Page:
Got a lagging or weak muscle group? Hit it first in the workout for better results. Here’s the science that backs it up.
Joe Weider popularized The Weider Principles, a compilation of guidelines to help bodybuilders achieve their maximum potential. While these principles are often dismissed as bro-science, it turns out that many have solid research to back up their use. The “Muscle Priority Principle” is one of them.
The Muscle Priority Principle
This principle maintains that you should work your weak points first in a workout. Since energy levels and mental focus are highest at this time, prioritizing training allows the use of greater intensity and effort on the muscles that need it most.
Although this principle runs counter to the commonly held notion that large muscle groups should be trained before smaller muscle groups, recent research seems to support the hypothesis. Studies consistently show that strength gains in exercises performed early in a workout are significantly greater than those performed at the end of the routine (Simao et al., 2010; Dias et al., 2010).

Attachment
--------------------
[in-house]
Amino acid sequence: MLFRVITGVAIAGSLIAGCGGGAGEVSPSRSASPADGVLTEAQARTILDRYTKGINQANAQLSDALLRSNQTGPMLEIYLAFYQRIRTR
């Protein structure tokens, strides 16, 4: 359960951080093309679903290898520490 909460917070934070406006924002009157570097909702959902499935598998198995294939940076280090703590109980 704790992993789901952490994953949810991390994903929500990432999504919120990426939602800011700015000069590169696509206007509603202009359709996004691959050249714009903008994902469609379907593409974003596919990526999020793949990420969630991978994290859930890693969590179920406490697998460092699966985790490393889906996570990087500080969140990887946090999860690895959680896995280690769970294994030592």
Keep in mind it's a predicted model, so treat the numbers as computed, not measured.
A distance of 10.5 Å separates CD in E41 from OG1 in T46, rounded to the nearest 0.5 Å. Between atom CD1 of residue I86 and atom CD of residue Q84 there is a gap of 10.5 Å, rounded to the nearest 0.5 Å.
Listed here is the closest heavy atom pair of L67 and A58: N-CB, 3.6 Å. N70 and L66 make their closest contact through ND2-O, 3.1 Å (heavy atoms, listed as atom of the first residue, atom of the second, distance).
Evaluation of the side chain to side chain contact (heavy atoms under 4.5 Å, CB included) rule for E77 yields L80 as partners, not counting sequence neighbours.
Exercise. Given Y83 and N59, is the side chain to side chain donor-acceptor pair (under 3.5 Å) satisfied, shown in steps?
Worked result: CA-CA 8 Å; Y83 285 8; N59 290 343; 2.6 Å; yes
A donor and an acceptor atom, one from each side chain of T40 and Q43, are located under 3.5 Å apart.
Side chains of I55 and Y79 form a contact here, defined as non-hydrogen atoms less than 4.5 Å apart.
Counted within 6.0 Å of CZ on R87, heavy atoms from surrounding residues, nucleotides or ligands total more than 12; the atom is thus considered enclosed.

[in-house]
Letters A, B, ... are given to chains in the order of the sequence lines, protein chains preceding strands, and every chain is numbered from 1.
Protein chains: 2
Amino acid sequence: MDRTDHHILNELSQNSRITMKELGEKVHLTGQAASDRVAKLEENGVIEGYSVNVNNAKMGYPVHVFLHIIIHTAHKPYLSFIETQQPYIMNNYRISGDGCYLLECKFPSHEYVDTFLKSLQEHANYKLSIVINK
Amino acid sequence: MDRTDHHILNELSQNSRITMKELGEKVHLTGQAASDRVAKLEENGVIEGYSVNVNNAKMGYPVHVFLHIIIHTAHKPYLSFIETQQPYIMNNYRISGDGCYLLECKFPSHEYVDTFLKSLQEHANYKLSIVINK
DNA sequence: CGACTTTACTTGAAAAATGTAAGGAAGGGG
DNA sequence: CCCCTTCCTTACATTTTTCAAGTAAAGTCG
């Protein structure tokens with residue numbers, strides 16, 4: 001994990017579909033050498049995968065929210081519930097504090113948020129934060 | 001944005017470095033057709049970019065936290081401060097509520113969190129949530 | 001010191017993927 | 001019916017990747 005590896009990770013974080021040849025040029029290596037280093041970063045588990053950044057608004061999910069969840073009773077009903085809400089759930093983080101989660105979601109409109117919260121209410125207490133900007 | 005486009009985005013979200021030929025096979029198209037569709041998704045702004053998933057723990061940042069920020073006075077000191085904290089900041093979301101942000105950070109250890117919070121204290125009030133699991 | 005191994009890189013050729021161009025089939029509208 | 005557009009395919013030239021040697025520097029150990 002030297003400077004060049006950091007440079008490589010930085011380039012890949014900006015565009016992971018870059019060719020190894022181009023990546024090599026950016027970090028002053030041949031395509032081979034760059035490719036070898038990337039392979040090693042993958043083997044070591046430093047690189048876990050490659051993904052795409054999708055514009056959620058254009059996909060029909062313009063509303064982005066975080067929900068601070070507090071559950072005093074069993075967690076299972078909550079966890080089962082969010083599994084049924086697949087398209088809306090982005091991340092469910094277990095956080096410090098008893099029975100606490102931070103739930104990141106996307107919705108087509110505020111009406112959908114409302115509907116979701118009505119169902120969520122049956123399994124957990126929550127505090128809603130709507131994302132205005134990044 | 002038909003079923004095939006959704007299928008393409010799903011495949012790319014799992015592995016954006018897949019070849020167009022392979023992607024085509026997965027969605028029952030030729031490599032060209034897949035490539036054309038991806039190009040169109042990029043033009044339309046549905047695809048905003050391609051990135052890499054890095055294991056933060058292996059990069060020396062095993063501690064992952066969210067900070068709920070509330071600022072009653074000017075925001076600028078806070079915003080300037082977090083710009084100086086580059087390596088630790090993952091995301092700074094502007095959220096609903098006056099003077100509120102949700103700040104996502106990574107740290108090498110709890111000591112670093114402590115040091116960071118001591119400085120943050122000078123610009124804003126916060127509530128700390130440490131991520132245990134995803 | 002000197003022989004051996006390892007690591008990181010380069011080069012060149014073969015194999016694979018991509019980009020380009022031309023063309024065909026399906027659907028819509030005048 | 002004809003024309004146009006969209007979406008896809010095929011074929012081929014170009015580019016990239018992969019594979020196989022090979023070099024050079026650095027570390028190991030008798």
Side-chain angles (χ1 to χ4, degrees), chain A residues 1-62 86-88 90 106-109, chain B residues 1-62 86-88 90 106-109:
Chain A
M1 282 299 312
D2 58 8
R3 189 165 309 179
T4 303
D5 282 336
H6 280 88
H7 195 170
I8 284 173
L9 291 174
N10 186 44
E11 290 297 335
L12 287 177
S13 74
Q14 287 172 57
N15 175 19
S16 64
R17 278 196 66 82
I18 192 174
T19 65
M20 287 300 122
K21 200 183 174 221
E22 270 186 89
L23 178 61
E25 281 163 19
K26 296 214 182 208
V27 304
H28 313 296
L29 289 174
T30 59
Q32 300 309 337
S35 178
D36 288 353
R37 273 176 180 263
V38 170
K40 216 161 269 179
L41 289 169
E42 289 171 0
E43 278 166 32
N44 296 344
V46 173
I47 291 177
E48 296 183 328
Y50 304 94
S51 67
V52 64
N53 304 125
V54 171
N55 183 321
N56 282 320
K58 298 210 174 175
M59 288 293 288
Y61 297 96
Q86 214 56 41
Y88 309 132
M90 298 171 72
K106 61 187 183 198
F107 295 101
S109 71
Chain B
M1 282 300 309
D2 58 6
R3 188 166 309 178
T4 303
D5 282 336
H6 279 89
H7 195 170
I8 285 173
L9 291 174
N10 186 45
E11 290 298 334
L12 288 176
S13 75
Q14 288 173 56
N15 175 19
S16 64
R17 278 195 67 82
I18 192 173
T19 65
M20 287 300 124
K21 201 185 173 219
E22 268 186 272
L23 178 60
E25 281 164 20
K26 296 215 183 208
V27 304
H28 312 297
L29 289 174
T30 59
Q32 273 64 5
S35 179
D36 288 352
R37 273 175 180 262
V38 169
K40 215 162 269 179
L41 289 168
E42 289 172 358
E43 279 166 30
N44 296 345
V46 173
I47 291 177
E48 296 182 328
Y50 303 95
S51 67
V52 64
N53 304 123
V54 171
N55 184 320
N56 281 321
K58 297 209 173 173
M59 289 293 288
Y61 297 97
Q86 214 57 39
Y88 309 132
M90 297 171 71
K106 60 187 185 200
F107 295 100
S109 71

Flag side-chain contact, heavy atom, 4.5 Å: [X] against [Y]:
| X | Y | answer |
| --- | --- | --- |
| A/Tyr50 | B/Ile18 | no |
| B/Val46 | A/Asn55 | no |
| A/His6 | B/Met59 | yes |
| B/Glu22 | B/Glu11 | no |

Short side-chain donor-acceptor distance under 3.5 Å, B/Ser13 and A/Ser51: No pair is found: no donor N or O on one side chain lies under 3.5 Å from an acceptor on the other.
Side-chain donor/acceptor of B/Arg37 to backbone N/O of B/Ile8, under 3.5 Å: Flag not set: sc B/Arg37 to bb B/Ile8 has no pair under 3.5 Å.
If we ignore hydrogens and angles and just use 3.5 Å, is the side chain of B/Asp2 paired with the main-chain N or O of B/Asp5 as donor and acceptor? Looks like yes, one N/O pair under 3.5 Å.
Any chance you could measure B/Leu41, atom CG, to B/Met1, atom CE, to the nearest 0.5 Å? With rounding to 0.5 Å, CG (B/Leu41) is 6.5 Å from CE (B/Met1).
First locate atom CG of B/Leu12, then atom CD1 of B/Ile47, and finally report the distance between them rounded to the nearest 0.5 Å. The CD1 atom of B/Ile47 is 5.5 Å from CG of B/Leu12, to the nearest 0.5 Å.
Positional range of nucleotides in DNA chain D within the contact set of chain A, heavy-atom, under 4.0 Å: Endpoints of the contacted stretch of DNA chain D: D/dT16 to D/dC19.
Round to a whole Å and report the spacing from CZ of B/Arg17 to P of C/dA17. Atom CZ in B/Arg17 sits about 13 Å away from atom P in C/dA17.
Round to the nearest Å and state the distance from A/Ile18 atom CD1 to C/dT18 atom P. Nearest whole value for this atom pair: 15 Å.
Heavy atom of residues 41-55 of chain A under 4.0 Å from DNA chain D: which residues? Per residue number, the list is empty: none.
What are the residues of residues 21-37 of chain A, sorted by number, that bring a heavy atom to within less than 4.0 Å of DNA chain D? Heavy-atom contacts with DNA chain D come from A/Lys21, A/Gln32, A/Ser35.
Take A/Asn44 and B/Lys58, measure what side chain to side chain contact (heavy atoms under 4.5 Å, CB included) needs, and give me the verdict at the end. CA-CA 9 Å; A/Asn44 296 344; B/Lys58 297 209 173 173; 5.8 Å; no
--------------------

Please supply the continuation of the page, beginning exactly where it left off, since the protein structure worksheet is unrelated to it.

In a recent review of the topic, researchers concluded that, given the magnitude of strength decrements over the course of a workout, it’s beneficial to structure exercise order based on the muscles in greatest need of improvement, regardless of whether they involve large or small muscle group movements (Simao et al. 2012).
If your biceps lag behind your triceps, don’t hesitate to start off your workout with some curls. If your legs look like upside down bowling pins, by all means perform calf raises at the onset.
Don’t blindly stick to the “heaviest compound movement first” mantra if you have a glaring imbalance. If you possess a noticeable strength or muscle discrepancy, prioritize that weak link by hitting it first in your workout.